SpaceX have fired up their Falcon 9 v1.1 launch vehicle during a Static Fire (Hot Fire) test on Saturday, allowing for a health check and countdown dress rehearsal ahead of their next flight of their Dragon spacecraft to the International Space Station (ISS). The CRS-3/SpX-3 Dragon is tracking a launch – her first on the upgraded Falcon 9 – on March 16 from Cape Canaveral Air Force Station (CCAFS).
The latest Falcon 9 launch will be the fourth in her upgraded configuration, following three successful satellite launches – one from Vandenberg and two from SLC-40 at the Cape.
Although a number of tests have already been conducted – mainly involving a restart of the First Stage post-staging, allowing it to practise a controlled re-entry – this will be the first mission where a soft splashdown on deployed legs will be attempted, as recently explained by SpaceX to NASASpaceFlight.com.
Following staging, the First Stage will bid farewell to the Second Stage and Dragon, prior to rotating its aft and engines into the direction of travel. Once in the correct orientation, three of Falcon 9’s Merlin 1D engines will conduct a supersonic retro propulsion burn.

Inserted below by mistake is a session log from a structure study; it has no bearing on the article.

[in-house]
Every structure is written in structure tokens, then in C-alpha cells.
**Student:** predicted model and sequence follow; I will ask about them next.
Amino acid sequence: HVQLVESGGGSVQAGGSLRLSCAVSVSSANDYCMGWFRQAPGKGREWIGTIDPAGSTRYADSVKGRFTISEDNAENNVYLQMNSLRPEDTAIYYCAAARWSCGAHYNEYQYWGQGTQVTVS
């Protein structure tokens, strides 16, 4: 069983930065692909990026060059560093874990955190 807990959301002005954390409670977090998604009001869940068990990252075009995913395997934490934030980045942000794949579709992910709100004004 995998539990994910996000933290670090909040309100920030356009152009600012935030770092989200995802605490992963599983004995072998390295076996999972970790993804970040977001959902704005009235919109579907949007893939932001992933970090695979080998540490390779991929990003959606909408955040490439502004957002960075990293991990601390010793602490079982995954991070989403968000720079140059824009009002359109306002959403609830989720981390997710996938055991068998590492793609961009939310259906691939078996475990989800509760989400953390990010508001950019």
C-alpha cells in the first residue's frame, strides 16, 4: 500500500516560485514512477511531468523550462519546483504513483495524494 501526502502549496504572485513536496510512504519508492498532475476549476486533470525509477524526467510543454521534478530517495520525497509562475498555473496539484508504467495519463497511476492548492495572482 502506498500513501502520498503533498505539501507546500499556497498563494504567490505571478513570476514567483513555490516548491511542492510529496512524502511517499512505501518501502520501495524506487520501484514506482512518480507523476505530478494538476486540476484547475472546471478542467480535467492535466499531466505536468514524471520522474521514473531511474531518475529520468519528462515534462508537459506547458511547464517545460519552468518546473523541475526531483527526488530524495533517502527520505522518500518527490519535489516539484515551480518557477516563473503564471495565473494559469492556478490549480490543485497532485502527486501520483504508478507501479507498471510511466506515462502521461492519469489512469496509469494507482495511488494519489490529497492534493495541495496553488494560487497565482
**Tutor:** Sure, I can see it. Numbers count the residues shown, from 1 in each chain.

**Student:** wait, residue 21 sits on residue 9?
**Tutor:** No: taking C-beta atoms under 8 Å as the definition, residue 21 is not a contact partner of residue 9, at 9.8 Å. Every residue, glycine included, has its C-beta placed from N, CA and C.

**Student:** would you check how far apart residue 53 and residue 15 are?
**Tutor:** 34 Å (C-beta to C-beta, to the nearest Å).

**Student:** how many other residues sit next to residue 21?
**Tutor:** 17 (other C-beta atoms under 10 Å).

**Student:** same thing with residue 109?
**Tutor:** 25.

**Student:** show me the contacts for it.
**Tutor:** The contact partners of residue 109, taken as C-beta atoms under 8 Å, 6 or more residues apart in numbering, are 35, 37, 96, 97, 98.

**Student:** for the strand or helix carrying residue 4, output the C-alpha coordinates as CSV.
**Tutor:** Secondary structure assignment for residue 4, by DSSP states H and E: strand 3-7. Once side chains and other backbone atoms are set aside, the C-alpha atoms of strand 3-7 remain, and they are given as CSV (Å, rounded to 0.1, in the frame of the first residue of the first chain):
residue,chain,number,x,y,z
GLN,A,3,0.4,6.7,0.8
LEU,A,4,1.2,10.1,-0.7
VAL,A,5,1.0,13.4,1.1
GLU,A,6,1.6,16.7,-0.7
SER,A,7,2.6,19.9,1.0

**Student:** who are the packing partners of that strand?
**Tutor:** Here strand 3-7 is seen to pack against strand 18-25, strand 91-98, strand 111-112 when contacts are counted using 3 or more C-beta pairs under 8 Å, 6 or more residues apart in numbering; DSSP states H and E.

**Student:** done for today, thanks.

Once the First Stage has shut down the three engines, a stable re-entry should then occur. As the Stage begins to drop back to Earth, the center engine will ignite to stabilize the Stage and reduce its velocity.
About 10 seconds into the landing burn, SpaceX will attempt the unique demonstration of deploying the four legs, as the Stage closes in on the water.
Recovery of the first stage from the water will be attempted, although SpaceX noted there is a low probability this will be successfully achieved during this test.
The primary goal of the launch relates lofting the Dragon spacecraft en route to the ISS for her fourth mission to the Station. The spacecraft will be riding uphill on the beefed up rocket for the first time.
The SpX-3 flight will carry a full launch and return complement of 1,580kg/3,476lb of payload, an increase from the previous limit of 800kg, afforded by the increased upmass capabilities of the Falcon 9 v1.1.